Relationships Between Vocabulary Size and Spoken Word Recognition in Children Aged 3 to 70

  • Munson B
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Abstract

Spoken word recognition was investigated in a group of children aged 3:0 to 7:11 (years:months) to assess the relationship between five measures of language development and spoken word recognition accuracy. Two spoken word recognition tasks, gated words and noise-center words, were used. In the gating task, participants were asked to identify words whose final consonants had been removed. In the noise-center task, participants were asked to identify words whose medial vowel had been replaced by broadband noise. In both tasks, participants provided a nonverbal picture-pointing response. Five measures of language development were examined as possible predictors of spoken word recognition accuracy: expressive vocabulary, receptive vocabulary, pre-literacy skills, phonological awareness, and articulation accuracy, each of which was measured using a standardized, norm-referenced test. In the gating task, children required acoustic evidence of the final stop burst in consonant vowel consonant (CVC) words for accurate recognition. In the noise-center task, children required at least 40% of the vowel to be present in CVC words for accurate recognition. Of the five language measures, expressive vocabulary and receptive vocabulary were found to predict a significant proportion of variance in spoken word recognition scores. Results are discussed in terms of factors that influence spoken word recognition accuracy and the relationship between vocabulary size and linguistic development. 1 poken word recognition is a multifaceted process whereby a listener associates an acoustic speech signal with a mental representation of a lexical item stored in long-term memory (Lively, Pisoni, & Goldinger, 1994). Some mechanisms involved in identifying a word include peripheral sensory mechanisms, which are used to build the immediate transient sensory representations of spectral and other acoustic information in the speech signal; working memory, which is used to hold information while the association is being made to the evoked representation of the lexical item in long-term memory; long-term phonological representations, against which immediate sensory representations are compared; and motor skills, which are used to establish aspects of the longer term representation relevant for reproducing the word as a response. The development of spoken word recognition underlies the development of spoken language. Before acquiring a complex grammatical system, children must accurately perceive lexical items in the ambient language. Adult-like spoken word recognition emerges gradually in development, beginning in the pre-linguistic stage and continuing through adolescence. A large body of research suggests that infants and young children are able to perceive words and other linguistic structures well in advance of being able to produce them. Studies have shown that infants begin life with prodigious speech perception skills and are able to perceive many phonetic contrasts that do not appear in the ambient language (see Jusczyk, 1992 for a review). The attenuation of this ability appears to coincide with the onset of receptive vocabulary development and the beginning of variegated babbling at the end of the first year of life (Werker & Stager, 2000). Later refinement of spoken word recognition involves the improvement of accuracy 1 Currently affiliated with the University of Minnesota, MN.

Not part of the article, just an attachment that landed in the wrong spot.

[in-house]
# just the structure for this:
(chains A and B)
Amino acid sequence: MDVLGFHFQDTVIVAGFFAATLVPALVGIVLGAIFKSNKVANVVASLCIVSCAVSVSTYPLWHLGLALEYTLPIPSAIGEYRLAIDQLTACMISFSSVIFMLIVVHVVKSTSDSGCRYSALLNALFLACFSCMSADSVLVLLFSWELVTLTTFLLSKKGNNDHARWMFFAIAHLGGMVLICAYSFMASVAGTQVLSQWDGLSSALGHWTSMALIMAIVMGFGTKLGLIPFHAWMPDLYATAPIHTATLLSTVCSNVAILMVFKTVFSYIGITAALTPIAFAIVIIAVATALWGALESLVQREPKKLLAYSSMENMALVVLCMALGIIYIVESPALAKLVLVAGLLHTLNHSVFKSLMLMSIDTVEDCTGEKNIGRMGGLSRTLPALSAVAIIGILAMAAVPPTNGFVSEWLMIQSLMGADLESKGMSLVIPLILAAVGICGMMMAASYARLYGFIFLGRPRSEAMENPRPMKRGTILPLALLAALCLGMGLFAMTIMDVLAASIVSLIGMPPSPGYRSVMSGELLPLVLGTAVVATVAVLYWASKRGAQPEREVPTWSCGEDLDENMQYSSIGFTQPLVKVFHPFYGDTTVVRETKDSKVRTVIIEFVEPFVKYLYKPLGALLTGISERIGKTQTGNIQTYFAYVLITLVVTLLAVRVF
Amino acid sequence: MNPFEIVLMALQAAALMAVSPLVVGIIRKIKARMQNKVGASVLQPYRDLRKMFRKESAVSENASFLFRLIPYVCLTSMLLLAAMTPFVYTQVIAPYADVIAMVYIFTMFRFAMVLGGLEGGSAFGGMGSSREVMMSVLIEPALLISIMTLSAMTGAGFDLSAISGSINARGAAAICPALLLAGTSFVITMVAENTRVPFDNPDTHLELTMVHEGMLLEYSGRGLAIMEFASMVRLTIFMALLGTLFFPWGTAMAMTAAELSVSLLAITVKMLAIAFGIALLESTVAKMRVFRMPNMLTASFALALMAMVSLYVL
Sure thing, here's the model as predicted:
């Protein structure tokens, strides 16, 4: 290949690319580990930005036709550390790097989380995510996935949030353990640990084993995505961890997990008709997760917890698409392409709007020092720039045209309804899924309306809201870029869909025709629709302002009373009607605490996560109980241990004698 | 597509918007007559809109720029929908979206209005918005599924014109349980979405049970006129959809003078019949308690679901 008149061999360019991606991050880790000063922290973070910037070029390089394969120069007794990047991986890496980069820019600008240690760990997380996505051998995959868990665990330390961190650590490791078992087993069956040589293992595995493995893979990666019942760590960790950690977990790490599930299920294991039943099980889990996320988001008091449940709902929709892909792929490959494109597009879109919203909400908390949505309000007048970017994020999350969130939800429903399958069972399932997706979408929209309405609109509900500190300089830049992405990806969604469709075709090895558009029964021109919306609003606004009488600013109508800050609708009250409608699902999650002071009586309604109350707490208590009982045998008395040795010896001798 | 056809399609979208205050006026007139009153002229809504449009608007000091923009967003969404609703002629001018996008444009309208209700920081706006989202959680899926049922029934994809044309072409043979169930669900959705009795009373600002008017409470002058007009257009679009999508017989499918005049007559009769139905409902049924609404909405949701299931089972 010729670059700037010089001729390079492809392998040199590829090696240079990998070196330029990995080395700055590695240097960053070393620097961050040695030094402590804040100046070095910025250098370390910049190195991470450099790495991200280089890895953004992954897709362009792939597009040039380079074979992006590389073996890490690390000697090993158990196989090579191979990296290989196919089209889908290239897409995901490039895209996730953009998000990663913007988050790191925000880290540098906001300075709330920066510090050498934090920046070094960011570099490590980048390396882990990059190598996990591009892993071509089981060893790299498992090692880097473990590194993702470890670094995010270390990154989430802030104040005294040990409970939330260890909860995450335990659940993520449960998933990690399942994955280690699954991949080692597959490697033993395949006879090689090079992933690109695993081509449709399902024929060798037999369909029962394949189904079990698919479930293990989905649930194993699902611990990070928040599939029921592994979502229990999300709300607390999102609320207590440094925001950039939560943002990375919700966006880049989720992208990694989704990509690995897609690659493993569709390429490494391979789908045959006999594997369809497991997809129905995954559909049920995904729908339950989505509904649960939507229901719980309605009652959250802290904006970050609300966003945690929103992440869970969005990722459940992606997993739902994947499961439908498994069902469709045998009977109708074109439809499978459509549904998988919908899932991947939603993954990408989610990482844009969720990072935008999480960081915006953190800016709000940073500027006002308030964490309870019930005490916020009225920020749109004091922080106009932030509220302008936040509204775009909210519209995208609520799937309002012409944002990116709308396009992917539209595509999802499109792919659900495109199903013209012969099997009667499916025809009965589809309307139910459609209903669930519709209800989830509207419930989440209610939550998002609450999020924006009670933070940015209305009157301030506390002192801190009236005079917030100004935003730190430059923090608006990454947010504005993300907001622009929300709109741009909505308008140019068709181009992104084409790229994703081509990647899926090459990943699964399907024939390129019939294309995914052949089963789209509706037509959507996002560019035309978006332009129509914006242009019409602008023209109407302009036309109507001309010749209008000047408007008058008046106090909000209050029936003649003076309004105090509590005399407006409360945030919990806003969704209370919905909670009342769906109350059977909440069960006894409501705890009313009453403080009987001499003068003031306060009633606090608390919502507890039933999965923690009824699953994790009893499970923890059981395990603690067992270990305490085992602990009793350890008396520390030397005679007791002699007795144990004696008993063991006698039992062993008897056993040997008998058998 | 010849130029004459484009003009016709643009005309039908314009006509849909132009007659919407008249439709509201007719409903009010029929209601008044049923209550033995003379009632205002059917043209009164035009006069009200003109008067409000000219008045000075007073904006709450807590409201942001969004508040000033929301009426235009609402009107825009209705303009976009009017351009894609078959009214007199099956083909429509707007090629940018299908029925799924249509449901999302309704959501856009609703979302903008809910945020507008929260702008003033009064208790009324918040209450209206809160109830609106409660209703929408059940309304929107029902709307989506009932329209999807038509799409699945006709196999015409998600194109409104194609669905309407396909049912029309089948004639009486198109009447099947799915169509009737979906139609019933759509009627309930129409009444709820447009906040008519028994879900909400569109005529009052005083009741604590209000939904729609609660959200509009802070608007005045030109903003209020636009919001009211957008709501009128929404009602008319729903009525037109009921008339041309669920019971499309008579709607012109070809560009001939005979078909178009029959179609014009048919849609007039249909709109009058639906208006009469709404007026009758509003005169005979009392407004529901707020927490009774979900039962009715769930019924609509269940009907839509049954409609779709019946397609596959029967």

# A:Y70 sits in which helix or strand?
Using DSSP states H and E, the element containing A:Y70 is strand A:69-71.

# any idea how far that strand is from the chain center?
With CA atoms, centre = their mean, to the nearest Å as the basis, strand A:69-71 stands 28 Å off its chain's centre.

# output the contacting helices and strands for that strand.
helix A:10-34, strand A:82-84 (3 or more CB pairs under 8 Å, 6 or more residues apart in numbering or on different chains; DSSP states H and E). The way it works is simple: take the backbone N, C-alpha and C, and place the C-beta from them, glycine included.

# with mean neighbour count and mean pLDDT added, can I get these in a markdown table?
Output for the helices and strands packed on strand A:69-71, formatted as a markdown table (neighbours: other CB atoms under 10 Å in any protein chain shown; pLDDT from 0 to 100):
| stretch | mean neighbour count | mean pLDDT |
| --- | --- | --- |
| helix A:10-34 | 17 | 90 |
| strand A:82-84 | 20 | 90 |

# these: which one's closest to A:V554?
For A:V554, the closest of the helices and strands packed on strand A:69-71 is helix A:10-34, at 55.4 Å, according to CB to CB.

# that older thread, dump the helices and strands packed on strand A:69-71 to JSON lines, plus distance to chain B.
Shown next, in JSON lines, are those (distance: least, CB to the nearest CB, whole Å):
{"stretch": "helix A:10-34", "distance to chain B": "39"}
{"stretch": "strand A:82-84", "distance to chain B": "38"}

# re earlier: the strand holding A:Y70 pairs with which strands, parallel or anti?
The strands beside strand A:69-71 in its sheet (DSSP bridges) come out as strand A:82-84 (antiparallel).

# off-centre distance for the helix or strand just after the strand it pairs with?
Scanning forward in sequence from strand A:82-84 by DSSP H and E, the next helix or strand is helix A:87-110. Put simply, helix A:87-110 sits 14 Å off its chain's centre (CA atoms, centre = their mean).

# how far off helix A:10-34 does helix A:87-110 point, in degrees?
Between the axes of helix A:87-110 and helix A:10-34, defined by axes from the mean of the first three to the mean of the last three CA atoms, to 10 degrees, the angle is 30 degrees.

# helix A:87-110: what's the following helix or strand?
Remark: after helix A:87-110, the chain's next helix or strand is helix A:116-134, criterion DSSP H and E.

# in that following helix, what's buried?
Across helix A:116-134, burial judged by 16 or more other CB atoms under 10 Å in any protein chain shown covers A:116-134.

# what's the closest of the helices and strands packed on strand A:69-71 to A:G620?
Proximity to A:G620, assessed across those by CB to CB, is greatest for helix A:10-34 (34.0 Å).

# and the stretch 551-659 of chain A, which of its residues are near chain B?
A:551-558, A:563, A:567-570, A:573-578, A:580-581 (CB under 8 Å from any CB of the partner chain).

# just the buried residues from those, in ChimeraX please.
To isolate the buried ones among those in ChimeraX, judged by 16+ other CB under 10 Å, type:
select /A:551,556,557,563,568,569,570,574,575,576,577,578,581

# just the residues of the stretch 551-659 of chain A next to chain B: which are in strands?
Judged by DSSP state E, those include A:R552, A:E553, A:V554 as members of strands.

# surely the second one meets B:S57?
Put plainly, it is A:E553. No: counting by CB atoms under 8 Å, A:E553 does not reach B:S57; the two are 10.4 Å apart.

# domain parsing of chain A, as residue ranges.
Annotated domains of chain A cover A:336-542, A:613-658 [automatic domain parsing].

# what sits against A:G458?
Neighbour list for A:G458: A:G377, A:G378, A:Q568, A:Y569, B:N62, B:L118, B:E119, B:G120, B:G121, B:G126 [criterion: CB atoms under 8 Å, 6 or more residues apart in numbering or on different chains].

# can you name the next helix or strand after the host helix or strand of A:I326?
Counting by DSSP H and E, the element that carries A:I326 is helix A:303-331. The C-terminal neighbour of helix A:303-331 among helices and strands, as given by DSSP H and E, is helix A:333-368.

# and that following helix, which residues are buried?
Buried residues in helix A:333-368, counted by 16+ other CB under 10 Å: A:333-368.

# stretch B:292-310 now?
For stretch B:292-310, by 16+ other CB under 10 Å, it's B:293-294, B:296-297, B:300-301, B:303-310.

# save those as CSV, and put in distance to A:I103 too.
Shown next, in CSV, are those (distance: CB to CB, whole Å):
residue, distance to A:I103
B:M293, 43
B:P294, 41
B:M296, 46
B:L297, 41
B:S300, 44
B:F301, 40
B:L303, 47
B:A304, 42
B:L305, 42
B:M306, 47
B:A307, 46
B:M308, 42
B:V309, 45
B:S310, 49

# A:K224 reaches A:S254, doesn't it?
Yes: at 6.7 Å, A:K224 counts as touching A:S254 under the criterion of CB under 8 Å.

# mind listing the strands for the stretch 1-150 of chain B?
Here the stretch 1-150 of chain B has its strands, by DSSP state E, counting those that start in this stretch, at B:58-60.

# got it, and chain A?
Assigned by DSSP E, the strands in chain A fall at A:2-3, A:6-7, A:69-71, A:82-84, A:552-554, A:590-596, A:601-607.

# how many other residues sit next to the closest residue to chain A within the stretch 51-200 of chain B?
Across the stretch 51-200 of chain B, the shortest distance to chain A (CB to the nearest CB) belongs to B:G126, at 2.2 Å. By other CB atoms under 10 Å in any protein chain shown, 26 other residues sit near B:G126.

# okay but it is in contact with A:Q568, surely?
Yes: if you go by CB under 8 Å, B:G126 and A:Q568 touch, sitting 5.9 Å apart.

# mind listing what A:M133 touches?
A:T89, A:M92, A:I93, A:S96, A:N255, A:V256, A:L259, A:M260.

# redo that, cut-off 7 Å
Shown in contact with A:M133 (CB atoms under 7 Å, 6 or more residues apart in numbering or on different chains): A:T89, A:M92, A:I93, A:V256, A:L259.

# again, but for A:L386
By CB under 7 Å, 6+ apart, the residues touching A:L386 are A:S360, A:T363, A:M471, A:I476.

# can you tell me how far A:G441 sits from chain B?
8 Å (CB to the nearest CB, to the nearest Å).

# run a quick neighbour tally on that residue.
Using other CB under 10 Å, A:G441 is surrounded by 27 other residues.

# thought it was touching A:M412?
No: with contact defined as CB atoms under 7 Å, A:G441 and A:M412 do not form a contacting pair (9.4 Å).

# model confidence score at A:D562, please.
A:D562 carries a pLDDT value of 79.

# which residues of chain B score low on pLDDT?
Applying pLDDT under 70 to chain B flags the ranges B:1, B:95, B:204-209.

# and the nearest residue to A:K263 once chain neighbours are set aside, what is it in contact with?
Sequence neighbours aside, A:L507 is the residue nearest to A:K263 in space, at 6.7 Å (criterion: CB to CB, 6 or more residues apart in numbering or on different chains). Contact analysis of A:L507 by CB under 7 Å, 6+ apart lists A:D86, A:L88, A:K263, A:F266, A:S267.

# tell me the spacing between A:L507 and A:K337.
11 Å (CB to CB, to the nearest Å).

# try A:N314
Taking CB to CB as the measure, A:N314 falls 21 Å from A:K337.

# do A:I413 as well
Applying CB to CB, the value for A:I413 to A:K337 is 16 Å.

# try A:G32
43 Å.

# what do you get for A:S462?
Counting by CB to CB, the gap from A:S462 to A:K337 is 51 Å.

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Munson, B. (2001). Relationships Between Vocabulary Size and Spoken Word Recognition in Children Aged 3 to 70. Contemporary Issues in Communication Science and Disorders, 28(Spring), 20–29. https://doi.org/10.1044/cicsd_28_s_20

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